Steph Davies by Holly Farrington
Steph Davies by Holly Farrington.

Led by Camden Council, viagra order Jewellery Connections was a partly-funded project that worked with up-and-coming and newly-established designers from around the capital. It was a good-spirited idea, created to encourage creativity and collaboration from those specifically working in the jewellery mecca that is Hatton Garden. For some of the designers, it was the first time that their collections had been shown to the public, and after 18-months of hard work, and waiting, nerves were obviously running high. I went to have a look on the late night opening, and after happily accepting a freshly baked cupcake, or two, was pleased to find that my eyes were as satisfied as my taste buds. These are some of my personal highlights…

Steph Davies - Silver Diamond Locket
Silver Diamond Locket by Steph Davies.

Steph Davies‘ collection Diamond Day drew me in pre-cupcake, before I had even reached the door. Her work was in the front window of the gallery, two pendants intriguingly strung from a metal display. I’m a big fan of minimal, edgier jewellery and Steph’s design are just that. When I asked her to describe her work in three words she tells me, ‘structure, control, industrial‘ – an ethos I appreciate. Each piece is hand-made in silver at her London workshop, and for this collection she is inspired by the form of diamonds. I learn later that nature is a recurrent theme in her designs, previous work having been influenced by feathers and bones. I liked the simplicity of Steph’s jewellery – the idea of wearing a diamond, but stripped back to it’s simplest form, it’s shape. Finer details such as the garnet, and the diamond charm that reveals itself as a locket, also really impressed.

Sarah Eyton by Holly Farrington
Sarah Eyton by Holly Farrington.

Inside the gallery it was surprisingly quiet for a late night opening. I wandered around the display cabinets, taking in the delights from designers such as Jessica De Lotz, with her selection of reworked vintage trinkets, to Laura Gravestock‘s intricate fine jewellery. I then came across Sarah Eyton‘s work – a name I was already familiar with. On display were a couple of Sarah’s Kismet cuffs, a super modern design, which will catch your eye even if you’re not familiar with her name like me. Each cuff is made from Perspex, using laser technology for a super fine cut and then heat moulded into the desired shape. They’ve become a popular item amongst the fashion press, and rightly so, as they are a pretty useful piece of jewellery – unusual enough to be worn as a statement, but also suitable for every day. I liked the pale green and classic black, colours which really help show off the intricate detailing on each cuff.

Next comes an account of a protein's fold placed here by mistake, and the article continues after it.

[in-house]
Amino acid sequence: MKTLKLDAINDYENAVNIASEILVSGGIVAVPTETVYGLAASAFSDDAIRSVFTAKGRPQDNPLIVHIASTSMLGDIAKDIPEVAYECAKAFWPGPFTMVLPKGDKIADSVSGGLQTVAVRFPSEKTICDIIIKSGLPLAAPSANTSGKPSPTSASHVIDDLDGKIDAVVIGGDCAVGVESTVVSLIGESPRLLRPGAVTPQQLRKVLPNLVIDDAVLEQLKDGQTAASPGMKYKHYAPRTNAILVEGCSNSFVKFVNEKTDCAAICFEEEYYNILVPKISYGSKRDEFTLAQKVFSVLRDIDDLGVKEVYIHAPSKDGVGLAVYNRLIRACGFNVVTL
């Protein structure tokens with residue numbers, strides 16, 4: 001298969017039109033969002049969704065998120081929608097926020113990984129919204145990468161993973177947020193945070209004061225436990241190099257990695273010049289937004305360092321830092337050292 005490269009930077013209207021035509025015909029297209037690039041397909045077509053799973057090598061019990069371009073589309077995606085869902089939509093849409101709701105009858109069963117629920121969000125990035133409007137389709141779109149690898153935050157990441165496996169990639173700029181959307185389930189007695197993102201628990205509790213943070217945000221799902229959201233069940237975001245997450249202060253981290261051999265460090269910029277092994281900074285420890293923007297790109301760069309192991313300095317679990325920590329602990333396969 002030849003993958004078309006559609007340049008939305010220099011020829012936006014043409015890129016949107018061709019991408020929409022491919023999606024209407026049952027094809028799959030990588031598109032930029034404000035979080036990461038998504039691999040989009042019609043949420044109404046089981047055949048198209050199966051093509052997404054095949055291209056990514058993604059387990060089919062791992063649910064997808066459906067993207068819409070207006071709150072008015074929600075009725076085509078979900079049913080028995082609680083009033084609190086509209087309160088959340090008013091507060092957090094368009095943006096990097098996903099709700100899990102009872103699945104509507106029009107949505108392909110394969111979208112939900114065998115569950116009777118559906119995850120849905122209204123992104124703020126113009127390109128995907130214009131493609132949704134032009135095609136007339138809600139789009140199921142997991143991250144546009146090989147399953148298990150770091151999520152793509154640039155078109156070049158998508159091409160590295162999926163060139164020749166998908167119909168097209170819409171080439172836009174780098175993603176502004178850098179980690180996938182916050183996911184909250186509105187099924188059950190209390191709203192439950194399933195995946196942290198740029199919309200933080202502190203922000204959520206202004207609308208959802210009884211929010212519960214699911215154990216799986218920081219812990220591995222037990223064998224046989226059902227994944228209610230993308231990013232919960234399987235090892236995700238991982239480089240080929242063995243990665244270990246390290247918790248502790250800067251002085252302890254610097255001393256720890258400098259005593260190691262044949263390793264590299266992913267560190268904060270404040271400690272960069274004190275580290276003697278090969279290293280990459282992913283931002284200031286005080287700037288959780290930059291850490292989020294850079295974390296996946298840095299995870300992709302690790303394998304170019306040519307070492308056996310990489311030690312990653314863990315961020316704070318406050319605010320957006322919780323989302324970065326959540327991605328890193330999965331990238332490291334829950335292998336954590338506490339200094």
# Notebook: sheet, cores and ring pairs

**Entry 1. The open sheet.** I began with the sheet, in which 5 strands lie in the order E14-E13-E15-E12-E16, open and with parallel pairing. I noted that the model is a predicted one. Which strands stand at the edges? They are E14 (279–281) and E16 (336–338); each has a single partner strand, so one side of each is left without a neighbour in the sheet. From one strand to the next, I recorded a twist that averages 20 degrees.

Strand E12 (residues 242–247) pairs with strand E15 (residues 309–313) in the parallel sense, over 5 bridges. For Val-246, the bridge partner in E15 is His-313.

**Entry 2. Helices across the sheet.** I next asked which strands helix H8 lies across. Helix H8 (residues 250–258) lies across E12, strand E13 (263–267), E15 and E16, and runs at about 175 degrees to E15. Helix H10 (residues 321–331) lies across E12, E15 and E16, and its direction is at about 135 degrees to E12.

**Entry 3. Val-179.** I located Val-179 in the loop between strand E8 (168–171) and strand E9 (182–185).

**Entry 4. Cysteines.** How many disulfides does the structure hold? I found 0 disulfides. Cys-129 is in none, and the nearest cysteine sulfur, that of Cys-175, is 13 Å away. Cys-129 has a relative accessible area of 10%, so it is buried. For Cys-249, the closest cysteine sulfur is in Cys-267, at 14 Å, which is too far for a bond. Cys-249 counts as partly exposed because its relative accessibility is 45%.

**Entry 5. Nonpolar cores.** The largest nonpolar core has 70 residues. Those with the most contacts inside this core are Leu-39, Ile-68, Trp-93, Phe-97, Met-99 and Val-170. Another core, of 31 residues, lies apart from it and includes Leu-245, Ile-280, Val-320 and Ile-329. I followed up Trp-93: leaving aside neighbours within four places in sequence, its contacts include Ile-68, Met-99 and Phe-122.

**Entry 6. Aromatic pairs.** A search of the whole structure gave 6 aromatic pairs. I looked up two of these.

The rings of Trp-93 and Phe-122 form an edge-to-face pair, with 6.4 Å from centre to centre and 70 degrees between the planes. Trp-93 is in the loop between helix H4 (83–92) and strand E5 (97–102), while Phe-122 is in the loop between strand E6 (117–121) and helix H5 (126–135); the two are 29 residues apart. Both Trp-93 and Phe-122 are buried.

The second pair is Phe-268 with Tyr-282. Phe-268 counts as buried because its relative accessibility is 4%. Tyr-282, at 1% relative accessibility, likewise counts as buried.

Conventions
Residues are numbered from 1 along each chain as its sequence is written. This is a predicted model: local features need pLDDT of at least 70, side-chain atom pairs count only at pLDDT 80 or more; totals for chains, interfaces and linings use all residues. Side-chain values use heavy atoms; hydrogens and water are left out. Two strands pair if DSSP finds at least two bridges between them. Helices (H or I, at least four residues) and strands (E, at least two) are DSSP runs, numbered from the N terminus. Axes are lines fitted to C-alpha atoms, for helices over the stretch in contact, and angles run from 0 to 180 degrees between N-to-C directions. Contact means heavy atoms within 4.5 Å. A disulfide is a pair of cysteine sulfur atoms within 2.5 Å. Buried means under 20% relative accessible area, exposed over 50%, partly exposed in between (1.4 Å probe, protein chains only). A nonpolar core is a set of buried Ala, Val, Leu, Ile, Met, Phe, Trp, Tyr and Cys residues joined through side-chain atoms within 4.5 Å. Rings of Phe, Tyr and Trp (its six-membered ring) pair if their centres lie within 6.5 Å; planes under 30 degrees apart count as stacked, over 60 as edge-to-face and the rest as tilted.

Amy Keeper by Holly Farrington
Amy Keeper by Holly Farrington.

After a quick chat to one of the gallery assistants, who told me that the previous night had been busy with jewellery lovers and buyers, I wandered back to check I had not missed anything in the rest of the window displays. Just to add, Platform is a non-profit organisation that was set up to support designers, so I thought it was great if the designers did get to see some real sales from an event like this, and have it all pay off. On my second view of the windows, I stumbled across something that I couldn’t believe I had missed when I arrived.

Amy Keeper - Magnifier Pendant Sterling Silver, Gold and Black Rhodium Plated, Rock Crystal
Amy Keeper’s Magnifier Pendant Sterling Silver, Gold and Black Rhodium Plated with Rock Crystal.

Hidden in the bottom corner of the front window was the lovely work from Amy Keeper. I read later that Amy’s work is inspired by a spyglass from a favourite children’s story. The collection has a special and unusual combination of vintage charm and optical heritage. The necklace and ring were the most striking pieces, and the whole collection is made from sterling silver, with gold and black rhodium plating and finished with semi-precious stones. The collection really wowed me – I felt there was a story behind the jewels; a mixture of polished, clean metal but with an unidentifiable shroud of mystery. Amy’s work certainly shows a level of sophistication that justifies the awards she received whilst studying at university. The magnifier pendant won the prize for my favourite piece; I loved its lucky-talisman quality.

Platform Showcase is located in Hatton Garden, and is open Monday to Saturdays.

Categories ,Amy Keeper, ,camden, ,Diamond Day, ,Hatton Garden, ,Holly Farrington, ,Jessica De Lotz, ,jewellery, ,Jewellery Connections, ,Kismet, ,Laura Gravestock, ,Magnifier Pendant, ,Perspex, ,Platform Showcase, ,Sarah Eyton, ,Spyglass, ,Steph Davies

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Amelia’s Magazine | An interview with jewellery designer and gemologist expert Milena Kovanovic

Milena Kovanovic by Laura Hickman
Milena Kovanovic by Laura Hickman.